Optical structures with dimensions down to nanometer length scales have been a topic for investigation for an increasing number of researchers, due to their intriguing physical properties and their possible new optical applications. In this thesis, waveguides in two-dimensional photonic crystals are investigated. Since the waveguide is embedded in a periodic medium, these waveguide can also have spectacular properties such as the ability to slow down light. For a full understanding of the intricate interaction of light and geometry - that may change on the subwavelength scale - the optical field should also be monitored on this scale. To this end, a time-resolving phase-sensitive near-field microscope was used. Using the phase-sensitive and time resolved information on the flow of light, the dispersion relation could be recovered, proving that light may slow down in photonic crystal waveguides. The degree to which light slows down is limited to the quality of the photonic crystal structure and can be controlled down to velocities of c/30. The time-resolved investigation also show the strong dispersive effects of photonic crystal waveguides and even the evolution of light pulses in composite photonic crystal devices.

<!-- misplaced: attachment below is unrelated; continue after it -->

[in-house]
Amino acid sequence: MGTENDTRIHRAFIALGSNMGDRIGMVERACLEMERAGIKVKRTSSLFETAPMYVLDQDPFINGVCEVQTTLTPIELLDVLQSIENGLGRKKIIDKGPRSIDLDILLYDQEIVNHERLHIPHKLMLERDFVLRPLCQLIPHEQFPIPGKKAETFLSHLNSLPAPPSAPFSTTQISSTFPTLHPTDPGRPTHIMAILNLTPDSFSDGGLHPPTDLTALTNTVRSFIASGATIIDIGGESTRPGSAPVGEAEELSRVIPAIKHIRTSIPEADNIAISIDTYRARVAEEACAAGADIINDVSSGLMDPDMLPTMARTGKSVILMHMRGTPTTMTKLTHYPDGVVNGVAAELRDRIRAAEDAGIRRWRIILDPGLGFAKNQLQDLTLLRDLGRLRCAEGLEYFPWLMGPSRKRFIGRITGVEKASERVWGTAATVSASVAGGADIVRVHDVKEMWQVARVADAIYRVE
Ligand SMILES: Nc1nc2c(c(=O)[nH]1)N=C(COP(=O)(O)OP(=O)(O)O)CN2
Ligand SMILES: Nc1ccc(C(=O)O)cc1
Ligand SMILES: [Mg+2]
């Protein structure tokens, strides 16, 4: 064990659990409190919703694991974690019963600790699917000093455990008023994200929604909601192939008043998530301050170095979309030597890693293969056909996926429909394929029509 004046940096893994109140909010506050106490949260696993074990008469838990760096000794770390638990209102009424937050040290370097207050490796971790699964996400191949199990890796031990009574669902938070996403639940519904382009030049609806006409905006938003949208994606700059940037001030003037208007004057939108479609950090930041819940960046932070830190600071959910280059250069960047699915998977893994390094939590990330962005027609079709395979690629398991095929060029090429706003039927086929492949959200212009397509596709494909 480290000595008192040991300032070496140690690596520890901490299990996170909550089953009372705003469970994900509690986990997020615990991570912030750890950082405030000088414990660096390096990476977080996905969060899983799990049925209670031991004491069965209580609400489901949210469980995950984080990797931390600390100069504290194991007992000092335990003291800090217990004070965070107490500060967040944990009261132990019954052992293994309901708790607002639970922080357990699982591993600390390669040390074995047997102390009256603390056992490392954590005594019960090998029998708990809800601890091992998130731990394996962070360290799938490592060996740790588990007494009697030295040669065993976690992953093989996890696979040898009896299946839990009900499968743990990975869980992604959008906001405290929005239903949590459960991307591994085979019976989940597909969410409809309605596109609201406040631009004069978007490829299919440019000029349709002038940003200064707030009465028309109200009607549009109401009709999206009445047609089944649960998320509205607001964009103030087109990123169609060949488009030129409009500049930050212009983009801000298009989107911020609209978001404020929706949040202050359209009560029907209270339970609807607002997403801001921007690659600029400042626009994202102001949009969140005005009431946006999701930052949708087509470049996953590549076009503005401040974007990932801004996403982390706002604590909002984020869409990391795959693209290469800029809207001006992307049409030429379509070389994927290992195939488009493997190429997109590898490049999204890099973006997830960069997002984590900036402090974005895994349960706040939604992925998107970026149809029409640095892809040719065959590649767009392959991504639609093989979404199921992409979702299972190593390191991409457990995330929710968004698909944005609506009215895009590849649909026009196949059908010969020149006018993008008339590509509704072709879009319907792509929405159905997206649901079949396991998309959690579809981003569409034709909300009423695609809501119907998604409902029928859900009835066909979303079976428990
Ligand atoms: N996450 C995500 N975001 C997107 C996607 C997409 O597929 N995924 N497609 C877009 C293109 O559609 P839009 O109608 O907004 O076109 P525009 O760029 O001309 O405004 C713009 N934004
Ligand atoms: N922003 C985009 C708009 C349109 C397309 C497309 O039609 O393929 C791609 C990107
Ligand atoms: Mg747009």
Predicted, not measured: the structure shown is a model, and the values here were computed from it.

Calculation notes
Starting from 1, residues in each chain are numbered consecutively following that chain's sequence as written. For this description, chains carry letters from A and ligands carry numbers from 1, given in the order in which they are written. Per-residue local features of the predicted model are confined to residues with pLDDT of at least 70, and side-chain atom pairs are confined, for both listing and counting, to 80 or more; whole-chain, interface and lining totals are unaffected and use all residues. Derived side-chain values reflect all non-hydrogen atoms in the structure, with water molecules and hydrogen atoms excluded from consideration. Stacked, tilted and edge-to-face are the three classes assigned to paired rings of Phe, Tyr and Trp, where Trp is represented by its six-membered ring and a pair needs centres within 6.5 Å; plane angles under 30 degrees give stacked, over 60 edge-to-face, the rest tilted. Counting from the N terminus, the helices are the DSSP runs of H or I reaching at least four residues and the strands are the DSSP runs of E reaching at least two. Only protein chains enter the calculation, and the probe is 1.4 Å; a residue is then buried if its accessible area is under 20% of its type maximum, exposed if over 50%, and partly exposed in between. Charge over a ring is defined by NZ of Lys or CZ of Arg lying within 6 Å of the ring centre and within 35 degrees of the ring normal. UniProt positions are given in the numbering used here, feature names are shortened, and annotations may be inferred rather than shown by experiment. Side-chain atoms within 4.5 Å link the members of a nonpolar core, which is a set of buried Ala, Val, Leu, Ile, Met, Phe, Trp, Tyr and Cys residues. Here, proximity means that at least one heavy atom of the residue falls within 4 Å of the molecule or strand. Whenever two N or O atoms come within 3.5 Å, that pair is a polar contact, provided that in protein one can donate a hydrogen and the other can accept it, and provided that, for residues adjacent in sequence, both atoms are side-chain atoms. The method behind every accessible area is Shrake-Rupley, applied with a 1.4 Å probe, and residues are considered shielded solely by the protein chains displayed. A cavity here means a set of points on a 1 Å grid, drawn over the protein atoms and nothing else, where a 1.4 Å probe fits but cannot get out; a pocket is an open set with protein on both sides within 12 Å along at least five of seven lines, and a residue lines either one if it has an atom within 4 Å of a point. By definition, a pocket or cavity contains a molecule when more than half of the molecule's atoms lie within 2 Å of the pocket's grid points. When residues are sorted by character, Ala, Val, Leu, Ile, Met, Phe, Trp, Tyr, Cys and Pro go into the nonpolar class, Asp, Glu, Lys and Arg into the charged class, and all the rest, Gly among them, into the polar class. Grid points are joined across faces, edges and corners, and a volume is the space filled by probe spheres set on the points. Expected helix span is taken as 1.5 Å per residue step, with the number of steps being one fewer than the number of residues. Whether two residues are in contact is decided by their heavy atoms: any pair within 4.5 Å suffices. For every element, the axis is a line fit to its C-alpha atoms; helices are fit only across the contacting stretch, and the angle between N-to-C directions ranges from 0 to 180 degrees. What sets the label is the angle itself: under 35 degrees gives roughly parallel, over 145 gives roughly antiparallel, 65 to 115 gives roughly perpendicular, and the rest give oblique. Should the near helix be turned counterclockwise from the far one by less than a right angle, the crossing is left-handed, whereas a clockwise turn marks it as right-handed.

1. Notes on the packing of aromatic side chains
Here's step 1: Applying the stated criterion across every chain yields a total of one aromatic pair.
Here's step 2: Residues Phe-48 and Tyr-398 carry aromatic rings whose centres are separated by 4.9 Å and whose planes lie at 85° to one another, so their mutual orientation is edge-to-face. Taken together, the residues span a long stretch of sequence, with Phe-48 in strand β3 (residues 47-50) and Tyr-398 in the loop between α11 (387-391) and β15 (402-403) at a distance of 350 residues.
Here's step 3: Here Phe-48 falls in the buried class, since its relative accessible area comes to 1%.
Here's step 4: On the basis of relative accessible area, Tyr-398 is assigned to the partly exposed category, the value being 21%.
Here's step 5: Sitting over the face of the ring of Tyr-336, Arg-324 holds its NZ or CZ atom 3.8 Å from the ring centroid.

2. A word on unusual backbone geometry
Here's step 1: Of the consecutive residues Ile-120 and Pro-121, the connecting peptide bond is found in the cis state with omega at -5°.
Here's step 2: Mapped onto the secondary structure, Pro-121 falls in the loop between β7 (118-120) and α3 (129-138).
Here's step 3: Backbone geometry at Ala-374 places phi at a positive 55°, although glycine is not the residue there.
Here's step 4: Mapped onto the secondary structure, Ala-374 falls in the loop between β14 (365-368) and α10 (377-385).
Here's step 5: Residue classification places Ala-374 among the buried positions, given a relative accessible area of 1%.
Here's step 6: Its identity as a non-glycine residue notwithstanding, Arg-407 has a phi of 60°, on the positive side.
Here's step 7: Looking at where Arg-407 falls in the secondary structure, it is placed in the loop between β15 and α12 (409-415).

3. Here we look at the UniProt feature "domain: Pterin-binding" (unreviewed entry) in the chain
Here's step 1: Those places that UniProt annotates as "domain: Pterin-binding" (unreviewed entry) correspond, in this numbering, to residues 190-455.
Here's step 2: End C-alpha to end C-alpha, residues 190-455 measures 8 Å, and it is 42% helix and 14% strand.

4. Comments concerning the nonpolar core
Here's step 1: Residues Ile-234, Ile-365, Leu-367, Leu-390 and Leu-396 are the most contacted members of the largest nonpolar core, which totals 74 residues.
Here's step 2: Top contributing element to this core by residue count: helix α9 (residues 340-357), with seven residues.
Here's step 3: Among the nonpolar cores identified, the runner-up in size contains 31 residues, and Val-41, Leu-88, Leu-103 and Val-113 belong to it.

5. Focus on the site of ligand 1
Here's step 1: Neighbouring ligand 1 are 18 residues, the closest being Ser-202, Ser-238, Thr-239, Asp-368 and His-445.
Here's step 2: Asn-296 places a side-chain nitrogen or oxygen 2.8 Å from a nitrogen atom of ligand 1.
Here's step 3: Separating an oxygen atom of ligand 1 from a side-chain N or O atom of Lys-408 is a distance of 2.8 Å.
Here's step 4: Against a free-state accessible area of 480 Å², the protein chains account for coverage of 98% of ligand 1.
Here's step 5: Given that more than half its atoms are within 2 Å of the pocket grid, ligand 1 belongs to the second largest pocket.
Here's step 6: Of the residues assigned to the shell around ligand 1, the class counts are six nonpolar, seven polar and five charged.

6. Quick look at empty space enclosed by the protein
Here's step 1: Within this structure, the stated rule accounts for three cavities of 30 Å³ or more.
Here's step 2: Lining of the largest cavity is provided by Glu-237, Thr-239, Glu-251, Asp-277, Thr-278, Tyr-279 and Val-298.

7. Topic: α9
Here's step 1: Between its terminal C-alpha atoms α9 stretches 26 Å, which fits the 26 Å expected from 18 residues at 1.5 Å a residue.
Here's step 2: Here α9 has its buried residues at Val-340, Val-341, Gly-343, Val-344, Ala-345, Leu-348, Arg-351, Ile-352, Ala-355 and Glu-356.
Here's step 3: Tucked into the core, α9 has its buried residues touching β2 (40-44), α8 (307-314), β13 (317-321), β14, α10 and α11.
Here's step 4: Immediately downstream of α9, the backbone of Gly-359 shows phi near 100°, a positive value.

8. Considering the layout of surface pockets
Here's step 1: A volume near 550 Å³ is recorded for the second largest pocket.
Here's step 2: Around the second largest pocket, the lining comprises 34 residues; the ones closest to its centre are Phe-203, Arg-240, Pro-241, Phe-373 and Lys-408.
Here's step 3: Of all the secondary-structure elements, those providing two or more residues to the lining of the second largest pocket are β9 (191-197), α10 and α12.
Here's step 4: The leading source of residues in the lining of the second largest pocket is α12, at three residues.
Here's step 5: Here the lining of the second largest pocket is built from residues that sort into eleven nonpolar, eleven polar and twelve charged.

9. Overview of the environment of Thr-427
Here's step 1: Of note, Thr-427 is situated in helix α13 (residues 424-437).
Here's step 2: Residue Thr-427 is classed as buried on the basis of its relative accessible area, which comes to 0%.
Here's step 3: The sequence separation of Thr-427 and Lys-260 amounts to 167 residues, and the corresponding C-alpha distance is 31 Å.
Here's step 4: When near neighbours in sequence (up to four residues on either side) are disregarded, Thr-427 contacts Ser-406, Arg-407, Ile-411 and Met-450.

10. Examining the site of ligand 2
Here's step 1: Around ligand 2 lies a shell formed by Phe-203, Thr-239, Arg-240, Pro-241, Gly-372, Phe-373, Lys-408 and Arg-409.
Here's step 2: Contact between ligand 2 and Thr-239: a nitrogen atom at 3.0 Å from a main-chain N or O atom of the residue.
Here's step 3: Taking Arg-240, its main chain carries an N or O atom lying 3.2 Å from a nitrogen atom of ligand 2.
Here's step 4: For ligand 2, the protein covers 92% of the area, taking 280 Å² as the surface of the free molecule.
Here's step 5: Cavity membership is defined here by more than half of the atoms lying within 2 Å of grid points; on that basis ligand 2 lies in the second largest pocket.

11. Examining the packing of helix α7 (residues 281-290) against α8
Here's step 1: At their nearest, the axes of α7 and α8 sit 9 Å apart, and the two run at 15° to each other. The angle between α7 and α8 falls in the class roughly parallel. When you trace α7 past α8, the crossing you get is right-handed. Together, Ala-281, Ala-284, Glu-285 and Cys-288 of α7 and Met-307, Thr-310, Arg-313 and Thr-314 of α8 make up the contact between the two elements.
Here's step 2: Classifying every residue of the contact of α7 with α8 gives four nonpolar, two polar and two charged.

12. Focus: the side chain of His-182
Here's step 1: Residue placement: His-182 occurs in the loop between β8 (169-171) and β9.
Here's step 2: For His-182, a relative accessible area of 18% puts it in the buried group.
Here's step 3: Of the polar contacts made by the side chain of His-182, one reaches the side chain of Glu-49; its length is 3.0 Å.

|Award date||19 Jun 2008|
|Place of Publication||Enschede|
|Publication status||Published - 19 Jun 2008|